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Waldenström macroglobulinemia: 2017 update on diagnosis, risk stratification, and management

http://onlinelibrary.wiley.com/doi/10.1002/ajh.24557/full

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Gertz-2017-Annual Clinical Updates in Hematological Malignancies

Abstract

Disease Overview: Waldenström macroglobulinemia (WM) is a lymphoplasmacytic lymphoma with immunoglobulin M (IgM) monoclonal protein. Clinical features include anemia, thrombocytopenia, hepatosplenomegaly, lymphadenopathy, and rarely hyperviscosity.

Diagnosis: Presence of IgM monoclonal protein associated with ≥10% clonal lymphoplasmacytic cells in bone marrow confirms the diagnosis. The L265P mutation in MYD88 is detectable in more than 90% of patients.

Risk Stratification: Age, hemoglobin level, platelet count, β2 microglobulin, and monoclonal IgM concentrations are characteristics required for prognosis.

Risk-Adapted Therapy: Not all patients who fulfill WM criteria require therapy; these patients can be observed until symptoms develop. Rituximab-based therapy is used in virtually all U.S. patients with WM and can be combined with bendamustine, an alkylating agent, or a proteosome inhibitor. Purine nucleoside analogues are widely used in Europe. The preferred Mayo Clinic nonstudy therapeutic induction is rituximab and bendamustine. Potential for stem cell transplantation should be considered in induction therapy selection.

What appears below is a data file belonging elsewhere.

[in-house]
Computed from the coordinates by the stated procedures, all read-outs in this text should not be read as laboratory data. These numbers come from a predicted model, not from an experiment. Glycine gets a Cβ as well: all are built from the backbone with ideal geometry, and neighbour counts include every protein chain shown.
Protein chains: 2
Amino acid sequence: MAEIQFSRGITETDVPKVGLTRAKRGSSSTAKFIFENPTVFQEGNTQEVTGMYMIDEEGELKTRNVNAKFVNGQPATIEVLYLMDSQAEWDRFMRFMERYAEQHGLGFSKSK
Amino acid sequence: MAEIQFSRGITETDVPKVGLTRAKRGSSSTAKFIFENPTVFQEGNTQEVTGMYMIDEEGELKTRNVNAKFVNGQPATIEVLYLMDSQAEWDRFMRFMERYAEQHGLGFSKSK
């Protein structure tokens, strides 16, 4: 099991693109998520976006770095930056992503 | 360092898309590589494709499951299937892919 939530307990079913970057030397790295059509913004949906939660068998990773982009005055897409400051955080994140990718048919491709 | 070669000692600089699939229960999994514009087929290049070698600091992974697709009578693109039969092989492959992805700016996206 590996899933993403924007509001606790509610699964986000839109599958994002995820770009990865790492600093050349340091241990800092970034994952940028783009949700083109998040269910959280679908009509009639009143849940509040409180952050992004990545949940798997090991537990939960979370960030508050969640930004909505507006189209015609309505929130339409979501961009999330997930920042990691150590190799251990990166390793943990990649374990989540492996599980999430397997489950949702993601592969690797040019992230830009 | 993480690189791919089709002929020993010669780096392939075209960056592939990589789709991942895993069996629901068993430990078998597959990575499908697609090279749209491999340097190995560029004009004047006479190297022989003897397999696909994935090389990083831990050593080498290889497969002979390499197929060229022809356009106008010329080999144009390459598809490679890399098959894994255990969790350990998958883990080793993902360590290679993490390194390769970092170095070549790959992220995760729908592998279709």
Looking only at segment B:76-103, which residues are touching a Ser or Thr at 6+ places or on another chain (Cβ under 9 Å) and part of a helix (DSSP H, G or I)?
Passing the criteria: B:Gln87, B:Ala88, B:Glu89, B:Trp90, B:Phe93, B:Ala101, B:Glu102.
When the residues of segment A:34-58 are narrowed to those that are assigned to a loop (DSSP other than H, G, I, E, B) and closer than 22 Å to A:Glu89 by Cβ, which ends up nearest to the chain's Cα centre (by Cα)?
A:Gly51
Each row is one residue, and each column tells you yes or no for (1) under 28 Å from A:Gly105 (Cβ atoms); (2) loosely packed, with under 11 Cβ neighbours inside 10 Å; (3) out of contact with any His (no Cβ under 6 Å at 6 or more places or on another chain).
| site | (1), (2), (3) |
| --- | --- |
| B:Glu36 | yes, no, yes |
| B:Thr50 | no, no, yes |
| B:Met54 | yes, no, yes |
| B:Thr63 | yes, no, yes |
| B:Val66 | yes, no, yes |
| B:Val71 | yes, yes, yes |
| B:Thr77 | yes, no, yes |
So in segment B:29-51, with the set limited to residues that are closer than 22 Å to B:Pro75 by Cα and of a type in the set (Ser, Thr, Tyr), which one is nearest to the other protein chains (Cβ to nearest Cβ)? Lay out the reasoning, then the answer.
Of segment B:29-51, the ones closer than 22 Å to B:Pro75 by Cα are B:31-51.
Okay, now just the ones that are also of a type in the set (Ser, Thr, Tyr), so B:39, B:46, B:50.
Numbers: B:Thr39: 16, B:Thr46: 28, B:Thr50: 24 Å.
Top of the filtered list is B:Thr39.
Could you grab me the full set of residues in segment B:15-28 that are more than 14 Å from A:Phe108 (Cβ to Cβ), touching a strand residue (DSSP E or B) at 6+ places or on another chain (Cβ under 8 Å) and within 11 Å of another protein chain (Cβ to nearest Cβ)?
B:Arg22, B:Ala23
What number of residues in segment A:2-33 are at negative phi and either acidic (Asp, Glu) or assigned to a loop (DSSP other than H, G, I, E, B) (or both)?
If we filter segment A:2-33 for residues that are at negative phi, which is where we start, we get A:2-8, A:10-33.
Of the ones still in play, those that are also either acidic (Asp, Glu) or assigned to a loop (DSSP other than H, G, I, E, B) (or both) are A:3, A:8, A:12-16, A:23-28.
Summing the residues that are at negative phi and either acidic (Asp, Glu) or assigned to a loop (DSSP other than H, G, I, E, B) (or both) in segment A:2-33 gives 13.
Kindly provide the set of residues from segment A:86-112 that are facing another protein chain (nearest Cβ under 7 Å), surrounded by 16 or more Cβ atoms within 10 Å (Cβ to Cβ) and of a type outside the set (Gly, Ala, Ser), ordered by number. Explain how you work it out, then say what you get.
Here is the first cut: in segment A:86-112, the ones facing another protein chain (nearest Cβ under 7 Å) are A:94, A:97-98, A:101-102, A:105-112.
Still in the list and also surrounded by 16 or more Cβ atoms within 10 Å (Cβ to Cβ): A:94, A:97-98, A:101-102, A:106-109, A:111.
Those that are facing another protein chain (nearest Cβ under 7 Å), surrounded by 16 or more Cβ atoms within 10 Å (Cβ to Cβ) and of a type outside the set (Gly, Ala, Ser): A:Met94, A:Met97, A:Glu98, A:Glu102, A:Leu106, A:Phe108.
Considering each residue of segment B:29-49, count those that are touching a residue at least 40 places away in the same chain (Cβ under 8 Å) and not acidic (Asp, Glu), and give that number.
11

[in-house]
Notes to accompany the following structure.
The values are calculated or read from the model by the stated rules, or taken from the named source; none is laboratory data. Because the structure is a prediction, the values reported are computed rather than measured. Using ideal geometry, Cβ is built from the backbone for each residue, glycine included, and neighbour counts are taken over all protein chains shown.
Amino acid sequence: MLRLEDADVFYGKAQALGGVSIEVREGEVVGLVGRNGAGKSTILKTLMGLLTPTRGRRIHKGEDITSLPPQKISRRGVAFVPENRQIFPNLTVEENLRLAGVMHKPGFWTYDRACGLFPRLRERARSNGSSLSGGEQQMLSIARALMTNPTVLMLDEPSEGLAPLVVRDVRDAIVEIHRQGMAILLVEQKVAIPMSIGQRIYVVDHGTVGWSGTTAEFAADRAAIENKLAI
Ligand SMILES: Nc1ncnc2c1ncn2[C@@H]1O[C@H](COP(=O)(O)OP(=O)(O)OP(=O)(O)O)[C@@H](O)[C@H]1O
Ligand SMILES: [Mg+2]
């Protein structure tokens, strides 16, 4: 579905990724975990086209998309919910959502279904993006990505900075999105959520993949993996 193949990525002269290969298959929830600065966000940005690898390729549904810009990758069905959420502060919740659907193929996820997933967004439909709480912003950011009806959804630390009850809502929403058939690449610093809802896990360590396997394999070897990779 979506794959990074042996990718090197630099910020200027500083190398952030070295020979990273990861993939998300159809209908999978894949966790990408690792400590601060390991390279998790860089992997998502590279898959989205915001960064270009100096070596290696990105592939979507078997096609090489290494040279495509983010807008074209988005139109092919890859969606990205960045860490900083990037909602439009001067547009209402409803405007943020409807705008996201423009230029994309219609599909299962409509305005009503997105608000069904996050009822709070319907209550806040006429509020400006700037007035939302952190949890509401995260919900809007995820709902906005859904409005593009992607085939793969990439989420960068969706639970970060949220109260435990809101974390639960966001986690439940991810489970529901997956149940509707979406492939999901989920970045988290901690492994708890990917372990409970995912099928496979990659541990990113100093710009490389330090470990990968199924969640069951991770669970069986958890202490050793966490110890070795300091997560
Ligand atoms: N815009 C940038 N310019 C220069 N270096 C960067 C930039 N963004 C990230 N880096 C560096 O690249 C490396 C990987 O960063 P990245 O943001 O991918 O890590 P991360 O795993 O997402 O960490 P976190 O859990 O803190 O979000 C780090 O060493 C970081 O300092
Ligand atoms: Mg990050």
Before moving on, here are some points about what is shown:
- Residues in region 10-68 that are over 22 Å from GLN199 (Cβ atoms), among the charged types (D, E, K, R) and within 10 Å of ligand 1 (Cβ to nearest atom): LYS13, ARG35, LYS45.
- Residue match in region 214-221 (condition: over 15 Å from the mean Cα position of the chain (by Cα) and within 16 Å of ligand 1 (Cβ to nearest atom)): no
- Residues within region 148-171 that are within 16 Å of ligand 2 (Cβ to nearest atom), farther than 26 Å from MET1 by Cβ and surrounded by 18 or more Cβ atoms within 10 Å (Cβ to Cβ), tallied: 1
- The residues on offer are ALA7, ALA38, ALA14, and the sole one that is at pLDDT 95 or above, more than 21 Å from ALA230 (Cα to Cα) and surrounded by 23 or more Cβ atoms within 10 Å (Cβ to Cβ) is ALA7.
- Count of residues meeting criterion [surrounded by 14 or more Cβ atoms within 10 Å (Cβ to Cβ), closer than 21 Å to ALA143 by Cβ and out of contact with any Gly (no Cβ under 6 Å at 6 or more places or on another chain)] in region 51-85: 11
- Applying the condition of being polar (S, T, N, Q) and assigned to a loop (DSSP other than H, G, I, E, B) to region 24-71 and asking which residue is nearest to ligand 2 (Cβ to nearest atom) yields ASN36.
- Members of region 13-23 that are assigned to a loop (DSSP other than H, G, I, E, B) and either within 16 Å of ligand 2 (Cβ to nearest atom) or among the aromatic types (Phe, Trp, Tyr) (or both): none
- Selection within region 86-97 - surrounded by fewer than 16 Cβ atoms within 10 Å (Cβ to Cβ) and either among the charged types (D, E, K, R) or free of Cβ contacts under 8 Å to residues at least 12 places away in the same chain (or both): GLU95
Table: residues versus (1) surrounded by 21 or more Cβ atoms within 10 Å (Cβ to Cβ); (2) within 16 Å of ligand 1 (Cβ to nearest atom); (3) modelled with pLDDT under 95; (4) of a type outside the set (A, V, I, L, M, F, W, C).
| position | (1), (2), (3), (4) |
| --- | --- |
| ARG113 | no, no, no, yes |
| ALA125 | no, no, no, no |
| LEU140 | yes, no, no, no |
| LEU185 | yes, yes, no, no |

Management of Refractory Disease: Bortezomib, fludarabine, thalidomide, everolimus, ibrutinib, carfilzomib, lenalidomide, and bendamustine have all been shown to have activity in WM. Given WM’s natural history, reduction of complications will be a priority for future treatment trials. Am. J. Hematol. 92:209–217, 2017. © 2016 Wiley Periodicals, Inc.